The mercury hotspot and mercury waste study in the artisanal gold mining location in the Benue National Park in Cameroon, conducted by the NGO COPRESSA, has identified that primary mercury mining in the form of cinnabar and mercuric chloride takes place at the mining camps in the study area. However, elemental mercury is not often used for amalgamation at the mining camps, but trading in elemental mercury is conducted by gold traders in the larger towns nearby. Exposure to mercury during primary mercury and gold mining may be endangering miners who already suffer diseases and fatalities from poor working conditions. A survey by COPRESSA also provided important details of the demographic breakdown of miners and trends driving artisanal small-scale gold mining (ASGM) in the study area, including gender dynamics.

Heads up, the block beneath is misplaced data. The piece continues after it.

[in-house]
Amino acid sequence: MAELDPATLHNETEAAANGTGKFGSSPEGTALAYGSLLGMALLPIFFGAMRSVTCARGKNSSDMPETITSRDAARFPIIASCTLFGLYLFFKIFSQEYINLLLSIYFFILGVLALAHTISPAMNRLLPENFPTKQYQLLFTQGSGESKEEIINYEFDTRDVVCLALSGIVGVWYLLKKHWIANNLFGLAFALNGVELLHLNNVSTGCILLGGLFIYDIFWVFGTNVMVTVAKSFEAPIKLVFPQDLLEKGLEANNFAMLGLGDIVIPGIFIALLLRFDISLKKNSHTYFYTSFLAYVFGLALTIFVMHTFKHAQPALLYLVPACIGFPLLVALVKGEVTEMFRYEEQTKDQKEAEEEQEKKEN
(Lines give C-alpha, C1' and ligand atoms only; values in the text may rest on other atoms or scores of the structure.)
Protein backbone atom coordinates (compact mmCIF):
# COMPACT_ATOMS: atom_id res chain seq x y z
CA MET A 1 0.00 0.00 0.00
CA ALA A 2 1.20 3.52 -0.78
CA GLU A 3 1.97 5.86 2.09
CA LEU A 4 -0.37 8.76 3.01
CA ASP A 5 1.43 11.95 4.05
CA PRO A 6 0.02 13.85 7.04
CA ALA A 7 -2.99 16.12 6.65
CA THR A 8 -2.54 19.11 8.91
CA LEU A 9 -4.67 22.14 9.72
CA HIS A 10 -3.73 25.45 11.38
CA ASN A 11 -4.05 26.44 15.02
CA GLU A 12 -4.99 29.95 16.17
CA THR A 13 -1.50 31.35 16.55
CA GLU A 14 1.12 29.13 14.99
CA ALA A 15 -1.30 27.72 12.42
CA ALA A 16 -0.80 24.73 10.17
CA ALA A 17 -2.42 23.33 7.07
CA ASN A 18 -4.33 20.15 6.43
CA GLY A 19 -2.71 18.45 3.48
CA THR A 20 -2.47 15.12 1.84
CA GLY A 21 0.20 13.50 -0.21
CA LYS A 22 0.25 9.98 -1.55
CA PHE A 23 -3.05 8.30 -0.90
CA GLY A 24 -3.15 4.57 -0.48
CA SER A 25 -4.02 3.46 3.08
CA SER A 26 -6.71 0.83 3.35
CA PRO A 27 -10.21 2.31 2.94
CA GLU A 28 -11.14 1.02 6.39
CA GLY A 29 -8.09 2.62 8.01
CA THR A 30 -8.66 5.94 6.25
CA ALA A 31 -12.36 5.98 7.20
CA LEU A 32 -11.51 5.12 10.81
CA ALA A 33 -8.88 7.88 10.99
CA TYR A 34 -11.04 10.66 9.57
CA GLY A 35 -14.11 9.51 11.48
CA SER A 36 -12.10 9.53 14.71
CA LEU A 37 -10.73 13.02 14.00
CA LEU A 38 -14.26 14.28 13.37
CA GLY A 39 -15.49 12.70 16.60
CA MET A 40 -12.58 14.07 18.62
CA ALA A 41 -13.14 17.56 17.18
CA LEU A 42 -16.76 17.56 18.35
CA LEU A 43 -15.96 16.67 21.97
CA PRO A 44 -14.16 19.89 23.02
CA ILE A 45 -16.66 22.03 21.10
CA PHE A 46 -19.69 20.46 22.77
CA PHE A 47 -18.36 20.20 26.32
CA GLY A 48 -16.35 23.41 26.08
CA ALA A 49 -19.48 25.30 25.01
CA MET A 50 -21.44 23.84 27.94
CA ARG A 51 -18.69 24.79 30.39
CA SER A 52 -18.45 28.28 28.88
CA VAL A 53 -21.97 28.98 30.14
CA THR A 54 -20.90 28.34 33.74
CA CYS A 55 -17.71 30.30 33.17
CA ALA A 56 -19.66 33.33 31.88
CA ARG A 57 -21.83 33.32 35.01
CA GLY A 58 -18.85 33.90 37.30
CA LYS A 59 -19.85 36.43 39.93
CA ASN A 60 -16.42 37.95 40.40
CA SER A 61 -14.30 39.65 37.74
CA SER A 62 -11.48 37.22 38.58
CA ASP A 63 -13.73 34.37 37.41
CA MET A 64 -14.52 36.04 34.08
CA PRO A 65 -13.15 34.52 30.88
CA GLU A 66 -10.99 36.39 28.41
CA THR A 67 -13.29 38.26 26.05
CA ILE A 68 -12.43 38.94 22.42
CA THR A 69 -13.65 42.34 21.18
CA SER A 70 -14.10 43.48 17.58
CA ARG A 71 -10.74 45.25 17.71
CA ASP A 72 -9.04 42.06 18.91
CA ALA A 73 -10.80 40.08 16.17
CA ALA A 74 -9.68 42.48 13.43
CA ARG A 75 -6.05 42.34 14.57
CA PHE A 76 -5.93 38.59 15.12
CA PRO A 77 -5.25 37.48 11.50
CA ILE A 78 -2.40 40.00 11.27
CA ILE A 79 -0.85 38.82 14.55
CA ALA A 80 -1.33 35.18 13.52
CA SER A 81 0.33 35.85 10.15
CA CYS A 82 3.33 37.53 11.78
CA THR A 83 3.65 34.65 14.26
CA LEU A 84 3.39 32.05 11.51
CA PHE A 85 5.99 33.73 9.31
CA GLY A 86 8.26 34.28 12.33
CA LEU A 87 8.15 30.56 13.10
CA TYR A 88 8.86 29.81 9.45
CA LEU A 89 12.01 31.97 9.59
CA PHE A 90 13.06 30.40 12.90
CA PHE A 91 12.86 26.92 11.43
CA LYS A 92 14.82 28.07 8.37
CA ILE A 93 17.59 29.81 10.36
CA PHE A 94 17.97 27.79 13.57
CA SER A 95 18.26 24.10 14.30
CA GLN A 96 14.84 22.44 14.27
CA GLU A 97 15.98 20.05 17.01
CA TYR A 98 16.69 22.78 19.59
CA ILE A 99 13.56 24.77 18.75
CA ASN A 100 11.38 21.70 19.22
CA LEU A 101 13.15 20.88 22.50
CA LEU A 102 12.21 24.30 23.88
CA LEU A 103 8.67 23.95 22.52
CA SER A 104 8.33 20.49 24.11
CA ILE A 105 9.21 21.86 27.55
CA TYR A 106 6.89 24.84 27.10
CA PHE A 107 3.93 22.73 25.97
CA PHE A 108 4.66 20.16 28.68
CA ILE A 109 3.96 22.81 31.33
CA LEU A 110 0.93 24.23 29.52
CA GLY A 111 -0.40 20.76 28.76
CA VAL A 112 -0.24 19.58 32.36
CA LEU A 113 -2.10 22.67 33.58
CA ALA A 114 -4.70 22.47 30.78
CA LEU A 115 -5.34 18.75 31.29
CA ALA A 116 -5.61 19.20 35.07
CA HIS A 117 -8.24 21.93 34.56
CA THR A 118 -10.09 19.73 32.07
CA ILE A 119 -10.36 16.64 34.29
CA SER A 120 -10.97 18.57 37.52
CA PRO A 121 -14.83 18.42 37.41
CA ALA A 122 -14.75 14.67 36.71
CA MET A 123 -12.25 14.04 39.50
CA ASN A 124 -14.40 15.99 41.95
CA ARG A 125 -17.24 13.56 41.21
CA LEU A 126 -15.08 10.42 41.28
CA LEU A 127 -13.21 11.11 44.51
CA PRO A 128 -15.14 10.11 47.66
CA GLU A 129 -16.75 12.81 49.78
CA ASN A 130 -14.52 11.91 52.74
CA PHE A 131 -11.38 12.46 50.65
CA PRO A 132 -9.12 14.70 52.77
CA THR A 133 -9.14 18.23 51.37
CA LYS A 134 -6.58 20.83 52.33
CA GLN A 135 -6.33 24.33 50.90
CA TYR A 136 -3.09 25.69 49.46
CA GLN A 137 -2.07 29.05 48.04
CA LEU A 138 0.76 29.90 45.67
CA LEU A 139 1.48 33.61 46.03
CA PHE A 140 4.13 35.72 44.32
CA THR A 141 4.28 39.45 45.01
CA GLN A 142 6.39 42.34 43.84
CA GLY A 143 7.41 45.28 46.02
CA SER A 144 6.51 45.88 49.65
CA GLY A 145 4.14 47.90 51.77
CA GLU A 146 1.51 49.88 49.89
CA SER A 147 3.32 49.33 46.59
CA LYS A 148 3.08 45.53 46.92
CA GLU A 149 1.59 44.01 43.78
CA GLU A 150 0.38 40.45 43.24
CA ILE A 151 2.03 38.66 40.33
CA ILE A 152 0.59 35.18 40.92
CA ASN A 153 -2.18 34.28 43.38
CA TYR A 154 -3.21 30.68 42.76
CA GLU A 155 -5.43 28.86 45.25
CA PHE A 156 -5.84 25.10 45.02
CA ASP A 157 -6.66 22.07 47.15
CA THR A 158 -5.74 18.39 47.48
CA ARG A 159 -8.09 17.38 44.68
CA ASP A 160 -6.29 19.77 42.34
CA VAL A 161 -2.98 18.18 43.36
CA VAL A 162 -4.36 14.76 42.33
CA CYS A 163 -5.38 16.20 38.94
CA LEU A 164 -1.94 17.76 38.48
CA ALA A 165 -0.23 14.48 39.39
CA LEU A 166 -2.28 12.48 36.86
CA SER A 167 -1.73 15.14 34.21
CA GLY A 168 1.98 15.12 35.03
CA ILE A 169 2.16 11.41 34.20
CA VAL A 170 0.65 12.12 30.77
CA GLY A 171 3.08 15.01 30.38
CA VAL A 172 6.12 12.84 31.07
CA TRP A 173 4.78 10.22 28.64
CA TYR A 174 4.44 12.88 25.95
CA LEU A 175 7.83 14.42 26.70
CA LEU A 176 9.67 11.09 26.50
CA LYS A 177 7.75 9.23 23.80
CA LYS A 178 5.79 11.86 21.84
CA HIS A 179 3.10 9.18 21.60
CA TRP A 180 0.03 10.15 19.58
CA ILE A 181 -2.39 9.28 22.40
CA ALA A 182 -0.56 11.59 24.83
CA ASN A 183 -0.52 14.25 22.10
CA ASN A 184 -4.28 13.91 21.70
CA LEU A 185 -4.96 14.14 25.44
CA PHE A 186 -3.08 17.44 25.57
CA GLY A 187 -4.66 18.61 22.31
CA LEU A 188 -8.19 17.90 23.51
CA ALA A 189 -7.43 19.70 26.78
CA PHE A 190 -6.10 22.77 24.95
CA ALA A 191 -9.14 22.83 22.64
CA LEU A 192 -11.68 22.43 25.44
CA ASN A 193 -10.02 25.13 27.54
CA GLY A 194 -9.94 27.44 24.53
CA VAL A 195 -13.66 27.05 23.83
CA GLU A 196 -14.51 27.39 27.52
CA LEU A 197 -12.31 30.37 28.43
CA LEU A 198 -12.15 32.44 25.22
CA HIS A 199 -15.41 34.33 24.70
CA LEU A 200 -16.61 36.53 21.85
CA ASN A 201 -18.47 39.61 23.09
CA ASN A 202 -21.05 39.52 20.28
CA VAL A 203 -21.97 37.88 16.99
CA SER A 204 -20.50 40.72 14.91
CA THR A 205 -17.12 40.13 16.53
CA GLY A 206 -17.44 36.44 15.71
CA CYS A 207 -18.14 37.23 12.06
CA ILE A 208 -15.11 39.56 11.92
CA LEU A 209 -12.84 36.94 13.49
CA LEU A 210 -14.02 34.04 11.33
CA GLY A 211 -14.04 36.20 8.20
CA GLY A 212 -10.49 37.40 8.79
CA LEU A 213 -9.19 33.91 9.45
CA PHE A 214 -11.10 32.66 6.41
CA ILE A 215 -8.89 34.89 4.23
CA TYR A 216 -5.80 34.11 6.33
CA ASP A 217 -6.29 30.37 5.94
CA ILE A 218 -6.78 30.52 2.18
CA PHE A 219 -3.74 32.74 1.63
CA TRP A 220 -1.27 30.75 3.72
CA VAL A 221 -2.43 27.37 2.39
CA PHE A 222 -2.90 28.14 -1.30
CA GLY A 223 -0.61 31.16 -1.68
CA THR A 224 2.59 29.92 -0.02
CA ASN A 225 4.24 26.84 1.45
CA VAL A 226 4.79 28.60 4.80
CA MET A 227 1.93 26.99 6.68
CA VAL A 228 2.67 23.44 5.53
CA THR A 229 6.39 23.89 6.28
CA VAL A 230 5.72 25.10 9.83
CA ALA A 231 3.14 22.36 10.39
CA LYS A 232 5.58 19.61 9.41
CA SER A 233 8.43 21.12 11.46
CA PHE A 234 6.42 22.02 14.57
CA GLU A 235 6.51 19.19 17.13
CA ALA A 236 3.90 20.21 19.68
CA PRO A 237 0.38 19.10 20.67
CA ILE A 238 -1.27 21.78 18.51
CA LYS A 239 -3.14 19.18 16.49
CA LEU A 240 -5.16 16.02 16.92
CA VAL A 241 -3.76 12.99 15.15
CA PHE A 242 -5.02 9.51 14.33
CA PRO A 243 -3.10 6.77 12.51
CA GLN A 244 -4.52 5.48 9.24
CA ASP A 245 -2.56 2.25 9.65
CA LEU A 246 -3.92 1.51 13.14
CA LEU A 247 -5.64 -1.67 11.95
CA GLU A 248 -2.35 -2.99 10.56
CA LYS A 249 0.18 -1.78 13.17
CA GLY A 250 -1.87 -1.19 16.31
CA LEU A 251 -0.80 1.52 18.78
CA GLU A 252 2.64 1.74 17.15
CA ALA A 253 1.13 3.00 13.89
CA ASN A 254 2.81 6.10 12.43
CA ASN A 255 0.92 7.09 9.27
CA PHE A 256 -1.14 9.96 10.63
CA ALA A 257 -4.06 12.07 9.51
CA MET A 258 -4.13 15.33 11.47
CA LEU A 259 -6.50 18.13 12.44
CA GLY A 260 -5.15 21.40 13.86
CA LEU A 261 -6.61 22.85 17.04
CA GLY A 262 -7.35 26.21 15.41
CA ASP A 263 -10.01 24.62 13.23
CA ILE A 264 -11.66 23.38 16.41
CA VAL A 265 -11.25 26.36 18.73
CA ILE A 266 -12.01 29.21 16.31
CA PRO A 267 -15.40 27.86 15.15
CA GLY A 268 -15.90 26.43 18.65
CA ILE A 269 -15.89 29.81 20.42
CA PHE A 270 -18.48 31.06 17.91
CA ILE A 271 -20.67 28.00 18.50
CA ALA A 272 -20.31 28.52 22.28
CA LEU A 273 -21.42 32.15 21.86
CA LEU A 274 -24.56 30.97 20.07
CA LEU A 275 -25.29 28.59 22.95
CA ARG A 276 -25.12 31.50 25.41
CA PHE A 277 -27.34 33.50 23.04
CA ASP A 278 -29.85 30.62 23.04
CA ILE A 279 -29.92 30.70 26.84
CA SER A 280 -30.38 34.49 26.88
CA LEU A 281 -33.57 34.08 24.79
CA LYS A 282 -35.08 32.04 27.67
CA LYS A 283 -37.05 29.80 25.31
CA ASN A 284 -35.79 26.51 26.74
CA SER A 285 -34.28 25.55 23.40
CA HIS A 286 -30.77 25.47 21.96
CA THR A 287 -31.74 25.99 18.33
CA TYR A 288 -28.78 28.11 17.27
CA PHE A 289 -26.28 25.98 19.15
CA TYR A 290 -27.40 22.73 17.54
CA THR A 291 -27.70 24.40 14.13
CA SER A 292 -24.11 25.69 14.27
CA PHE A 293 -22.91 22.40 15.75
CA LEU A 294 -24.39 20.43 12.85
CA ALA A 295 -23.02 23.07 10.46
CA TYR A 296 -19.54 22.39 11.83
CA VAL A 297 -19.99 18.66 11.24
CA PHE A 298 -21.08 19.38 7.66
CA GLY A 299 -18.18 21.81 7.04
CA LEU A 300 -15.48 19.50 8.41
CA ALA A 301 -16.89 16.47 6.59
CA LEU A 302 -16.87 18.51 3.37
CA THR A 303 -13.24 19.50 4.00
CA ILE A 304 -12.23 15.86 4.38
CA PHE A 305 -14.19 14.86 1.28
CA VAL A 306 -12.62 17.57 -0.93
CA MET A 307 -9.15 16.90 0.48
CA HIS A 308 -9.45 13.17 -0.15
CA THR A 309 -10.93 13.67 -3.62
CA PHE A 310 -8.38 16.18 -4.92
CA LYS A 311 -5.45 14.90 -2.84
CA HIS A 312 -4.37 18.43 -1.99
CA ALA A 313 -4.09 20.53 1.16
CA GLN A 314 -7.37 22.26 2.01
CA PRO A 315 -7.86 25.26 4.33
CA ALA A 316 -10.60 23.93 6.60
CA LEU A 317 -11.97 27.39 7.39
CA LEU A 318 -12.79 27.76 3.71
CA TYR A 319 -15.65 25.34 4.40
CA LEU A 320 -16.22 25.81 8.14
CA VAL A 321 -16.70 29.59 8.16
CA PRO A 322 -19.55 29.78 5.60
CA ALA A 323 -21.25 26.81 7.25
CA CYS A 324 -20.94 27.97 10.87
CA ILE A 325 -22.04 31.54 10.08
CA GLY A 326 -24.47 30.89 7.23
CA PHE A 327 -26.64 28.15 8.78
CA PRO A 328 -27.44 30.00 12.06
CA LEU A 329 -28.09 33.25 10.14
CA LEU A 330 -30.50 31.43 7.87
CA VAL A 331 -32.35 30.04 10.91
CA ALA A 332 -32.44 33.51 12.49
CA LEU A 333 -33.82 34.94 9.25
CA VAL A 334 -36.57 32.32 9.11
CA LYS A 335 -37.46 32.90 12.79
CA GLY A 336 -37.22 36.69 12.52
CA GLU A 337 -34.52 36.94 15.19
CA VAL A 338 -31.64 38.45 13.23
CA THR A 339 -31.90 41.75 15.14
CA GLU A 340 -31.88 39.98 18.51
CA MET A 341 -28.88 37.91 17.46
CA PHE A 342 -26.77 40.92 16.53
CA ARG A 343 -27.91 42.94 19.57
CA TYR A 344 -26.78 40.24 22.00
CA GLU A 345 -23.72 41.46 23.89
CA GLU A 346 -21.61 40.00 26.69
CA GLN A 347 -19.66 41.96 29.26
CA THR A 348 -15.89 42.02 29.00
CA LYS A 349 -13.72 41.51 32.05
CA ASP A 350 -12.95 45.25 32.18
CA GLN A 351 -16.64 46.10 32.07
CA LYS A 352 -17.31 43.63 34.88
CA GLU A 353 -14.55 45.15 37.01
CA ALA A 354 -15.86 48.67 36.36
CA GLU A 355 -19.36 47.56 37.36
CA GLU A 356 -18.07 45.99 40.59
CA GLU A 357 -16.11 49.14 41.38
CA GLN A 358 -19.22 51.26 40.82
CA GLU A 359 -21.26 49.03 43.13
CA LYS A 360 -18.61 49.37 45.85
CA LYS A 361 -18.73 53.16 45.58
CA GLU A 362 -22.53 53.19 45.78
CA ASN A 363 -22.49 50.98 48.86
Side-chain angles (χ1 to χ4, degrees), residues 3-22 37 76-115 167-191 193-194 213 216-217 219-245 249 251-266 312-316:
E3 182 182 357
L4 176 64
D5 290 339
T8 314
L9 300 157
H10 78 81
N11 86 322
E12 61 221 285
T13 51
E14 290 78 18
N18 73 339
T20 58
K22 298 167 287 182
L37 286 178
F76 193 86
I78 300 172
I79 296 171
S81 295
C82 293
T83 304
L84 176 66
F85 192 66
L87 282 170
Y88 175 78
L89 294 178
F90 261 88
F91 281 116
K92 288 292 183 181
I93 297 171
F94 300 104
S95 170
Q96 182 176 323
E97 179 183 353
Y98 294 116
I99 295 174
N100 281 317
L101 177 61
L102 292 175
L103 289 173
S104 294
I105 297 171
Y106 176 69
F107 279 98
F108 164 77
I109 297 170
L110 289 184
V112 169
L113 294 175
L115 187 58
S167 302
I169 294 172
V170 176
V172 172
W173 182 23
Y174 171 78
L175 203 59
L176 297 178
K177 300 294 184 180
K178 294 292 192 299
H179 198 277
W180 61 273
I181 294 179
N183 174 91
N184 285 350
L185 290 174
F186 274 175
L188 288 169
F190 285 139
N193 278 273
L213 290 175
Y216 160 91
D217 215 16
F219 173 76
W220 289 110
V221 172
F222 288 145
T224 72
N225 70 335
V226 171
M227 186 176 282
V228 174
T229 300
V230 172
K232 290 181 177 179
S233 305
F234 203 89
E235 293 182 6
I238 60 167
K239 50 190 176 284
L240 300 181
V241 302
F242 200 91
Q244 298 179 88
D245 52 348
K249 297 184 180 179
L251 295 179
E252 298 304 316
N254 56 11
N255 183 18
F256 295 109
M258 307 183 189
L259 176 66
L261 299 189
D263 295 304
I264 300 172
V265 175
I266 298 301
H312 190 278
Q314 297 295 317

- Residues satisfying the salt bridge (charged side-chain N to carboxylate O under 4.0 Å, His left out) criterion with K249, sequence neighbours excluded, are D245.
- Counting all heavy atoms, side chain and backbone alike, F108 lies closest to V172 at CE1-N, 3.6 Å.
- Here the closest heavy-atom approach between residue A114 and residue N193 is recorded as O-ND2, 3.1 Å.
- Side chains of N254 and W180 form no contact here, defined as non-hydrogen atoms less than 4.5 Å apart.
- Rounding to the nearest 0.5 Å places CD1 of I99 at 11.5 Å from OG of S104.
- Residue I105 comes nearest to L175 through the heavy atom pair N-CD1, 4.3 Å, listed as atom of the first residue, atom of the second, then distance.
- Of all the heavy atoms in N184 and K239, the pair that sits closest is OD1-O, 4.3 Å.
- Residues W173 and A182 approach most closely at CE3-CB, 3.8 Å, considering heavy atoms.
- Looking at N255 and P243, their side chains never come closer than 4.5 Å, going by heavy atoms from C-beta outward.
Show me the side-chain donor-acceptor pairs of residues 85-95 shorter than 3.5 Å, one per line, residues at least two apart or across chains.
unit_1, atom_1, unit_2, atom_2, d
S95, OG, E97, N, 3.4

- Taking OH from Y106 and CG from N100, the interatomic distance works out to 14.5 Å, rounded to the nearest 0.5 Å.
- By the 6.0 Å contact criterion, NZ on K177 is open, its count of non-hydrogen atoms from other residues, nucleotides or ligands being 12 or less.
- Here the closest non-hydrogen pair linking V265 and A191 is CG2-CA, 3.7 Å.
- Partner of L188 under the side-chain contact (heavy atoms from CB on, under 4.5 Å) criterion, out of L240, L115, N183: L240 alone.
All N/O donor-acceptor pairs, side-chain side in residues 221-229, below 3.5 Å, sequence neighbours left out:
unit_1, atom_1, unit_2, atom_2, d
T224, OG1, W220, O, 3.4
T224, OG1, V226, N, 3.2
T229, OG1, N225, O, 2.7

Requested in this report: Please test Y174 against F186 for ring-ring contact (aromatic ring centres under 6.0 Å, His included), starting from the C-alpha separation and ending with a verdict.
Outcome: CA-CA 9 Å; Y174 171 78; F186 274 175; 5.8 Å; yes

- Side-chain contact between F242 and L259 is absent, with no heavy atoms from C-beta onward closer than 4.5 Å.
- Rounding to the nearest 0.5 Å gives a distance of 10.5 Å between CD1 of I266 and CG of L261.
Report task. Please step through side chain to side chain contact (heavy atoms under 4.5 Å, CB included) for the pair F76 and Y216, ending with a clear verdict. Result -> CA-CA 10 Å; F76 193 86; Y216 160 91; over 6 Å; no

This project was useful in raising awareness of the Minamata Convention at the remote local level in Sakjé and Mboukma, and it assisted in educating miners on safety issues and the importance of the formalization of the sector. Many authorities and artisanal gold mining workers’ leaders participated in this project. Awareness-raising campaigns on mercury pollution and training on the use of personal protective equipment was carried out directly with miners. Educational materials were also produced and distributed to the artisanal gold mining workers. The workers were educated and oriented about the mercury toxicity and the importance of avoiding its use and minimizing exposure when mining. A major outcome of the project was the formation of an association of artisanal gold mining workers from the two study areas. Members of the new association accepted and signed the protocol of non-utilization of mercury amalgamation in the artisanal gold mining for the 2 sites.